On Friday, the Dow Jones Industrial Average (DJIA) closed at 8,799.26, putting the index in the black for 2009 for the first time since early January. (Of course, on Monday it fell back down a bit. Sigh.) That comeback required a substantial 34% rally from the market's low on March 9. The rally was helped by these top seven Dow gainers over that three-month time frame.


% Return from March 9 Low

Bank of America (NYSE:BAC)


American Express (NYSE:AXP)


Alcoa (NYSE:AA)


JPMorgan Chase (NYSE:JPM)


General Electric (NYSE:GE)


DuPont (NYSE:DD)


Boeing (NYSE:BA)


Source: Capital IQ, return through last Friday.

No doubt about it, the market's been on a tear. The question is: Can it continue?

A proper answer to that question is: In the short term, no one knows. However, we can still make some educated observations about what is more (and less) likely to happen. The two principal factors that determine future stock returns are corporate fundamentals (i.e. earnings growth) and current valuation.

The risks of "green-shootism"
 Despite the emergence of a new cult among stock investors, "green-shootism," I'm afraid the outlook for earnings growth can only be described as tepid at best. I'm in the camp of people who think the "new normal" for GDP growth will be no more than 2% annually for some time yet. Furthermore, as Smithers & Co. pointed out in a recent report, firms are squirreling earnings away to strengthen their balance sheets, so shareholders won't benefit from improvements in profitability to the same degree as in previous recoveries.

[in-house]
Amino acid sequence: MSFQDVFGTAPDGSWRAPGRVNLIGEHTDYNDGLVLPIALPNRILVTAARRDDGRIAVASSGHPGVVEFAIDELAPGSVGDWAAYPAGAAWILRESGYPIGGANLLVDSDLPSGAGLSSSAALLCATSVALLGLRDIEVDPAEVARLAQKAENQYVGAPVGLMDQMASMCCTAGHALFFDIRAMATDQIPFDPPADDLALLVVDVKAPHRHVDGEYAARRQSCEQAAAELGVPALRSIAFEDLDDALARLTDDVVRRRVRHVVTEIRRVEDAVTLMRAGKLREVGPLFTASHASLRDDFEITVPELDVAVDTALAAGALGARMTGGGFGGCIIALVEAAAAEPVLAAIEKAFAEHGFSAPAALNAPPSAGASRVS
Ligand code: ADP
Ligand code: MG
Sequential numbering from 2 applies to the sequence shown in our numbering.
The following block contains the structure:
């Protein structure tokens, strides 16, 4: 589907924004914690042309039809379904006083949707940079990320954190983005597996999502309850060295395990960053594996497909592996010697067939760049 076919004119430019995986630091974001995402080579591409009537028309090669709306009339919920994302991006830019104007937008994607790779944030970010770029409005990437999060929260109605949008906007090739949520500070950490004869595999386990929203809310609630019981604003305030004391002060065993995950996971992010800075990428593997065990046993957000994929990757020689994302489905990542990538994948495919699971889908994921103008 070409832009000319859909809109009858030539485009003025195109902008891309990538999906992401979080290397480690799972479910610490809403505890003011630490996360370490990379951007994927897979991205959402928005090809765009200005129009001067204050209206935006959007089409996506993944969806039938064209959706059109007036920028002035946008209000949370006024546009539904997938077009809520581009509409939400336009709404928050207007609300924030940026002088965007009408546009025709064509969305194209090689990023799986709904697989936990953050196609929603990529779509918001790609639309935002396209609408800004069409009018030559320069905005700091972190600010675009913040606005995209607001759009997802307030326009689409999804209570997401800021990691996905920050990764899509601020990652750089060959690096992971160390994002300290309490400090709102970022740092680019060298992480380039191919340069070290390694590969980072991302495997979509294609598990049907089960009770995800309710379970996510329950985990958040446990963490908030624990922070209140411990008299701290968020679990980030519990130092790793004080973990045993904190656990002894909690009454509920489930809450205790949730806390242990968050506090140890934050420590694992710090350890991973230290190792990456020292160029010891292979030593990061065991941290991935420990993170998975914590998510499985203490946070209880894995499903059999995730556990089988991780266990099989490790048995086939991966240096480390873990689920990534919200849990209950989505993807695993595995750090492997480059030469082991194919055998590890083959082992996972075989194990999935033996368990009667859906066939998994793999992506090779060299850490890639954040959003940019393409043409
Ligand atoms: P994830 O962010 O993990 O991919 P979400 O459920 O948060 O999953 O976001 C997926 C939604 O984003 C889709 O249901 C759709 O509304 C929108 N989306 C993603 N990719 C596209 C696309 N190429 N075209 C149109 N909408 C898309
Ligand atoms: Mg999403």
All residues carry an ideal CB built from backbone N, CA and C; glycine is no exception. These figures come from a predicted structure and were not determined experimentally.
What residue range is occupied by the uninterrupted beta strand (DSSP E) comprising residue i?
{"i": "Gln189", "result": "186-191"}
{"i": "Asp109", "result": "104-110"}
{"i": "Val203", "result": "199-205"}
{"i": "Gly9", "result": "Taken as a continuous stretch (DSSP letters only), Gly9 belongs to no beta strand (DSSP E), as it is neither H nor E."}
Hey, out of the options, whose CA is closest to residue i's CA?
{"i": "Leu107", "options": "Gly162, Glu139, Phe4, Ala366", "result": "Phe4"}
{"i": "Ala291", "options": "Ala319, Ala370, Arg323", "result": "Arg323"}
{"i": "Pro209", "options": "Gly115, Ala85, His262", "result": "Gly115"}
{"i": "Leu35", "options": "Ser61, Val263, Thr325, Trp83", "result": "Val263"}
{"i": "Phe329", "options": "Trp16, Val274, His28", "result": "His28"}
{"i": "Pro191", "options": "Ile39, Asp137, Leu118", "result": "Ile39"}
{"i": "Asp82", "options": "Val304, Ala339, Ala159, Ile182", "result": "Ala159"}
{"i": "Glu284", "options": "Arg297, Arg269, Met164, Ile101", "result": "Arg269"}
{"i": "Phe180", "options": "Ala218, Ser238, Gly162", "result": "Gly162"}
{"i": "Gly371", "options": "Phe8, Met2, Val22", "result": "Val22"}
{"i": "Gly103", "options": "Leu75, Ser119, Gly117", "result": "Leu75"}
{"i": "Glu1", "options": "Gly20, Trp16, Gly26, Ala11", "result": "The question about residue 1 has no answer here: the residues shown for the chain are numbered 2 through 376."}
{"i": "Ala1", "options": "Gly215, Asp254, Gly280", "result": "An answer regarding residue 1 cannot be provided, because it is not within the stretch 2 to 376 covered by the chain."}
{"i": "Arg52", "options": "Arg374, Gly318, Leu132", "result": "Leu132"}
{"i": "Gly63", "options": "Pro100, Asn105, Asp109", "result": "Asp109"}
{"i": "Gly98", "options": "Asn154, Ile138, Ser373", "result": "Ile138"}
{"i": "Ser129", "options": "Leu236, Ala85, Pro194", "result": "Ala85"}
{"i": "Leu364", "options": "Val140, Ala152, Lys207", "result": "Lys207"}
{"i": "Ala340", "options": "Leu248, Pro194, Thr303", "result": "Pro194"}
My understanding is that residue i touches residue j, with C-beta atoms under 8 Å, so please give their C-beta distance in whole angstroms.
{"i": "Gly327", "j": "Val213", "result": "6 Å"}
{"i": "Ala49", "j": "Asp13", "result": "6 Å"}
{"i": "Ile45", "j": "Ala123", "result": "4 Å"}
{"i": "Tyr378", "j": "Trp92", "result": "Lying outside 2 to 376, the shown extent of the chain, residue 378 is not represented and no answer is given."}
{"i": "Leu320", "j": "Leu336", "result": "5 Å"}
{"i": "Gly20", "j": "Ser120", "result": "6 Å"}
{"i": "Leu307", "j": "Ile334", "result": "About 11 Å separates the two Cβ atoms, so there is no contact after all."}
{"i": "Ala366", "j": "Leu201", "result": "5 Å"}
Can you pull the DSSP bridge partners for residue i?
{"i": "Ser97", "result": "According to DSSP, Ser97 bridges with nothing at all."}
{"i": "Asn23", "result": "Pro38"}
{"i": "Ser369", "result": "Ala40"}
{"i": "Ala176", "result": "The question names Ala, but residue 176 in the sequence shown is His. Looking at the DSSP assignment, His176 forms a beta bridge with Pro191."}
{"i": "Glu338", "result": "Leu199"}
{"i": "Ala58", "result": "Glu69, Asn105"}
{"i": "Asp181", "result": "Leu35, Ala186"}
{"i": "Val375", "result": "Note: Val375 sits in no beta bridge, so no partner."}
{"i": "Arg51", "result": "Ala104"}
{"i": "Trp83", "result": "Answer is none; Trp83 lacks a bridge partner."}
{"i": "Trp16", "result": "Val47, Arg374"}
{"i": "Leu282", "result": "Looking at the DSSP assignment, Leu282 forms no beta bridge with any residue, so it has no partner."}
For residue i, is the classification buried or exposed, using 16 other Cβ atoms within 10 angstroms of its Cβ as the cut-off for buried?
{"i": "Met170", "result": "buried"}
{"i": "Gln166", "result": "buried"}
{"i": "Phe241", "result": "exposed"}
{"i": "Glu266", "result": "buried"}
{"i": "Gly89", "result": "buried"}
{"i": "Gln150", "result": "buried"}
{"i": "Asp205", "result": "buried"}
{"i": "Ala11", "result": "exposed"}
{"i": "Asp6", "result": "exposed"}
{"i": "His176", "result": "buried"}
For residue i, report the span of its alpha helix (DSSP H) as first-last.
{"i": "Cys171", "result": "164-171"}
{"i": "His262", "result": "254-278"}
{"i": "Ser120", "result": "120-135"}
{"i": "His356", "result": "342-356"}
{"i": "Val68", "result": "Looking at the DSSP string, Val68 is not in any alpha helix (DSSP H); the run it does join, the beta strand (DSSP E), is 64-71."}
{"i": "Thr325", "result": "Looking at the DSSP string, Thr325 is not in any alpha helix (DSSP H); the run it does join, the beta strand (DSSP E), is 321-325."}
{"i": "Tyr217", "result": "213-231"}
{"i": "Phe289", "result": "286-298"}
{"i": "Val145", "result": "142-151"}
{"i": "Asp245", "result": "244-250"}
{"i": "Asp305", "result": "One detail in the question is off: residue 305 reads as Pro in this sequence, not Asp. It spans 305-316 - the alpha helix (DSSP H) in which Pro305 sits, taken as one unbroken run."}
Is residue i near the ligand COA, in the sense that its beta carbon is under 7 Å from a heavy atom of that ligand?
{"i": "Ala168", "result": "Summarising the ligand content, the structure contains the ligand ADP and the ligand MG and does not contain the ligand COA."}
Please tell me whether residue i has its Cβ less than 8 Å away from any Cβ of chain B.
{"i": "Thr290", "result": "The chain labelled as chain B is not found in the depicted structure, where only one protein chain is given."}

In terms of valuation, here's where we stand (based on Friday's closing prices):



P/E (last 12 months' earnings)


P/E (2009 earnings)


P/E (2010 earnings)


P/E (10-year average earnings)


Source: Capital IQ, author's calculations.

Near-term, long-term
At 14.1 times this year's earnings, it's difficult to characterize the Dow as wildly undervalued; I'd say it's fairly valued at best. I think we'll likely see one or more pullbacks (perhaps significant -- we could re-test the March low) over the next 12 months as investors come to terms with the fact that their expectations for improvements in fundamentals are running well ahead of economic reality. However, the market's valuation suggests that long-term (i.e., seven-plus years) returns from these levels will be far from catastrophic.

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Alex Dumortier, CFA, has no beneficial interest in any of the companies mentioned in this article. American Express is an Inside Value recommendation, and the Fool owns shares of it. Motley Fool has a disclosure policy.